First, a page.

The Subcontracting Scourge: Fukushima Edition

[ 71 ] March 29, 2014 |

The scourge of companies subcontracting labor in order to maximize profit continues. Tokyo Electric Power Company runs the damaged Fukushima nuclear reactor. Rather than employ the cleanup workers itself, it is relying on subcontractors that, not surprisingly, cut corners on such things as keeping workers safe.

Most workers inside the plant are contract laborers hired by multiple layers of construction companies. A Reuters investigation last year found widespread labor abuses, where workers said their pay was skimmed and there was little scrutiny over working conditions inside the plant.

Tepco on Friday would not name the worker’s direct employer, but said he reported up to Toso Fudosan Kanri Company, a first-tier contractor under Tepco. The worker was in his 50s, the utility said.

The company confirmed it had hired the worker through another subcontractor.

Tepco has been widely criticized for its handling of the cleanup. The operator was plagued by a series of leaks of radioactive water from hastily built tanks at the site last year and it has repeatedly promised to improve working conditions.

Of course not using subcontractors would probably be the best idea for improving those working conditions.

I’ll also note that when I write these subcontracting posts, commenters inevitably start talking about the benefits of subcontracting since why should every company have its own IT staff. A couple points here to hopefully reduce this kind of thing. First, during the greatest time of economic growth in American history, subcontracting barely existed. It’s not as if you need subcontracting in order to have a successful business model. Second, there may well be times when you can subcontract and have it make sense, such as IT. However, is there any good reason why we should allow subcontracting where the workers labor for less pay, benefits, and safety precautions than directly employed workers? No. There is not. Third, those who defend subcontracting on principle are sort of missing what’s important here. Or at least, for me keeping workers safe and making living wages is more important than a streamlined business process that concentrates wealth at the top. Maybe that’s not everyone’s priority, I don’t know. Once we get to the point where there’s a bill before Congress to ban subcontracting, we can start worrying about the exceptions that make sense. For now, I’m not going to worry too much about the concerns of business.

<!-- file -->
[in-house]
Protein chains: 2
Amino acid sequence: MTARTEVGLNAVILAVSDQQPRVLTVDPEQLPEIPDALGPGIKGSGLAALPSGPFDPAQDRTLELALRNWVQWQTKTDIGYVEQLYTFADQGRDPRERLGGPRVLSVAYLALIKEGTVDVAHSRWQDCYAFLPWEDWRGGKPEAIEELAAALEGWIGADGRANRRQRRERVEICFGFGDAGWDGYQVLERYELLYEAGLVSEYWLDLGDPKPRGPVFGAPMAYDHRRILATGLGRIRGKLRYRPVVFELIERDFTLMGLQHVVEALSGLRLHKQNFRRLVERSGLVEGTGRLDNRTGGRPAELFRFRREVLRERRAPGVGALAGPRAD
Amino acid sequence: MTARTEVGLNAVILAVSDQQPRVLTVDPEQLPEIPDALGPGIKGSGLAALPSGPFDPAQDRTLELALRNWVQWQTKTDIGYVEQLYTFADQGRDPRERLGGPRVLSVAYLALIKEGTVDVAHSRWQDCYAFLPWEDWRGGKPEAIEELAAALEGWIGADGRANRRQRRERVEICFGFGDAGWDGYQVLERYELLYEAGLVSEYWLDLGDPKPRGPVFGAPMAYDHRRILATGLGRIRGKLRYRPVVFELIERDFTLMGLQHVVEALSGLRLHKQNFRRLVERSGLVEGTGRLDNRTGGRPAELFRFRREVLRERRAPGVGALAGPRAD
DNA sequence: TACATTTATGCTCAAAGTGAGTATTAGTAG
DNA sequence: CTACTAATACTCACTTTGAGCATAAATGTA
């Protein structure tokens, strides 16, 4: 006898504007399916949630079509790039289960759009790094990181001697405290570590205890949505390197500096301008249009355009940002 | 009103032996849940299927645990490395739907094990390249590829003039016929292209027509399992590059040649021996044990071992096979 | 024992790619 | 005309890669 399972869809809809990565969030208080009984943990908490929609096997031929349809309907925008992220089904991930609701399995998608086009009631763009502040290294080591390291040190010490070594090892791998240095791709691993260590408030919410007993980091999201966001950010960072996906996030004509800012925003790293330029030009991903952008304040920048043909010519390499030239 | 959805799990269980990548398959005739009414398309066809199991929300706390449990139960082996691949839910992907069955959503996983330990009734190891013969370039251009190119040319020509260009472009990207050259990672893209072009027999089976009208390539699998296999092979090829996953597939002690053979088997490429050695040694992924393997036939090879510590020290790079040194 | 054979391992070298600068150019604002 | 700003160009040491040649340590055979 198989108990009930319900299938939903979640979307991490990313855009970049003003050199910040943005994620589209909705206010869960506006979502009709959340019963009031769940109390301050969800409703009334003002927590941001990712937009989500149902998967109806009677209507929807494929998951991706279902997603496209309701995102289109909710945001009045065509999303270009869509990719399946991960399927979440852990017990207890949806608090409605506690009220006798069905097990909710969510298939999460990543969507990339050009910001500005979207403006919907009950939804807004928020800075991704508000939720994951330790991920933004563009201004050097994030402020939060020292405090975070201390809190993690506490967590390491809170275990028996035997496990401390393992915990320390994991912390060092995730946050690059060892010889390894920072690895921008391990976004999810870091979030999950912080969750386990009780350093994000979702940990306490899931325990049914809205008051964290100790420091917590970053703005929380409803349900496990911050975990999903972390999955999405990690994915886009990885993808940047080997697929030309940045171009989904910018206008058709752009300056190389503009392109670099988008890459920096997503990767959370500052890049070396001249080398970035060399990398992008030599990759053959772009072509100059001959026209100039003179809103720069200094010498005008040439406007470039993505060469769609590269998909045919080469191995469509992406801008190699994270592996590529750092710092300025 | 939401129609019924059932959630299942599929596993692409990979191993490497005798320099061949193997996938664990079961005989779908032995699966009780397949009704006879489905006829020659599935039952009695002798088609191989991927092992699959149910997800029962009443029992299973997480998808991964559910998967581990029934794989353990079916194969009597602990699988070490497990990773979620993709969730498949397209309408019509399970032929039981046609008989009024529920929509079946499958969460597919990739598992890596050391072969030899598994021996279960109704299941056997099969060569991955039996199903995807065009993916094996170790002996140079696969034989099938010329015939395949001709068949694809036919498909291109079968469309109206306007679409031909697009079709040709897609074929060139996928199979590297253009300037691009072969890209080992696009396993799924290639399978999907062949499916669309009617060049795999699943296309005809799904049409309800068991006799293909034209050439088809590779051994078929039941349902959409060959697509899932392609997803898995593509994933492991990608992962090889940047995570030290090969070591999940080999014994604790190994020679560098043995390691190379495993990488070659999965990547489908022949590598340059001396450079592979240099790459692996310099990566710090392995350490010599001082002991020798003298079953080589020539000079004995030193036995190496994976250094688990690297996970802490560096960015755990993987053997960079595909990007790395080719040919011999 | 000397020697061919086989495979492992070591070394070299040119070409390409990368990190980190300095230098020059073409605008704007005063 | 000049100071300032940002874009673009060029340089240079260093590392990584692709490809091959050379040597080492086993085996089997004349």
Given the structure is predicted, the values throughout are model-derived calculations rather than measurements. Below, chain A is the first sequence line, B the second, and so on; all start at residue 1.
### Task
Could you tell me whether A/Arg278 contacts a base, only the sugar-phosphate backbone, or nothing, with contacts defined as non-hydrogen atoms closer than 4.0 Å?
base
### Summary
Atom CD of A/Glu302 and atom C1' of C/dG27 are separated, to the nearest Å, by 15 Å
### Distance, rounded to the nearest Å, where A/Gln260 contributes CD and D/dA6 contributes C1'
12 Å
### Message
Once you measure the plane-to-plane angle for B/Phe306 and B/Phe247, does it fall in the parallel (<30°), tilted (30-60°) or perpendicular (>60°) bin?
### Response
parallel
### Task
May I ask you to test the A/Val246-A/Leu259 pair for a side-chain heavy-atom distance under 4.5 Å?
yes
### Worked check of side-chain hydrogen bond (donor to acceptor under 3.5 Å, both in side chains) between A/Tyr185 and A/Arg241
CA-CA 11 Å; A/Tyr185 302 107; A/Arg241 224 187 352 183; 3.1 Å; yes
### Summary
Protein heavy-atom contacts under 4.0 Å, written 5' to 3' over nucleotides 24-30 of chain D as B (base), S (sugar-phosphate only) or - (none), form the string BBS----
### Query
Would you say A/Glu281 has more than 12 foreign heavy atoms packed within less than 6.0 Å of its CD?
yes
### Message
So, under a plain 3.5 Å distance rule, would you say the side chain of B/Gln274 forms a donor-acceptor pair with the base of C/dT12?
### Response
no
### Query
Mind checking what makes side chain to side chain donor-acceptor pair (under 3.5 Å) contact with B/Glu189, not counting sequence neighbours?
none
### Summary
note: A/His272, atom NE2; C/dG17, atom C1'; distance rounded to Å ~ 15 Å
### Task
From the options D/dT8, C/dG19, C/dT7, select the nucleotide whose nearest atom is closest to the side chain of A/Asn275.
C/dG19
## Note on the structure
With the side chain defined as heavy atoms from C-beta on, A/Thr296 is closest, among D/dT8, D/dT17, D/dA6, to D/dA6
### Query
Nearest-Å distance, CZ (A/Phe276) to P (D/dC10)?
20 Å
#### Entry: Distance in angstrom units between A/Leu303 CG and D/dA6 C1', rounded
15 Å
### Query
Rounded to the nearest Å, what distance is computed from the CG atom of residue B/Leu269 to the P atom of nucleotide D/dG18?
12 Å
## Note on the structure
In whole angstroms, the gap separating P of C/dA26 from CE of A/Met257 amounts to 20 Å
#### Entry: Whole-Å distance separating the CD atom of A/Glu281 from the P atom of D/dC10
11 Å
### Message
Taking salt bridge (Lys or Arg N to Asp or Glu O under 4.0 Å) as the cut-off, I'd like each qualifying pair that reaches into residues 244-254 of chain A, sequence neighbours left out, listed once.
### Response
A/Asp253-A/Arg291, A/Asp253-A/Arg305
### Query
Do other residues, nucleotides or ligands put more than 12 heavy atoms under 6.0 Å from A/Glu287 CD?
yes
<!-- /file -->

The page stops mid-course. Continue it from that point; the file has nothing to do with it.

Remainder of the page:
The Trans-Pacific Partnership

[ 50 ] March 28, 2014 |

Like other presidents in recent decades, regardless of political party, Obama has pushed for fast track authority to slam free trade bills through without taking into account the concerns of American workers or those concerned about environmental issues. Obama’s goal is to create the Trans-Pacific Partnership, a 12-nation free trade agreement covering nations from Chile to Brunei, would continue allowing American companies to operate without consequences. So far Congressional Democrats have rejected the TPP because it would ship even more American jobs overseas and increase the environmental impact of American manufacturing. Organized labor is pointing out the environmental impact of such a deal. Says the International Brotherhood of Boilermakers, “Let’s not exacerbate the pollution problems of the world and perpetuate human exploitation by including nations like Malaysia and Vietnam in a free trade pact, as the TPP would do.”

Like other trade agreements such as NAFTA, the TPP would effectively encourage American corporations to move operations into countries with terrible human rights, labor rights, and environmental records, providing no legal framework to make companies responsible for what happens in outsourced factories. It allows companies to take advantage of Vietnam’s 28 cent an hour minimum wage and buildings that kill workers in fires. It continues the outsourcing of American jobs, the increase in income inequality, and the conditions of the New Gilded Age.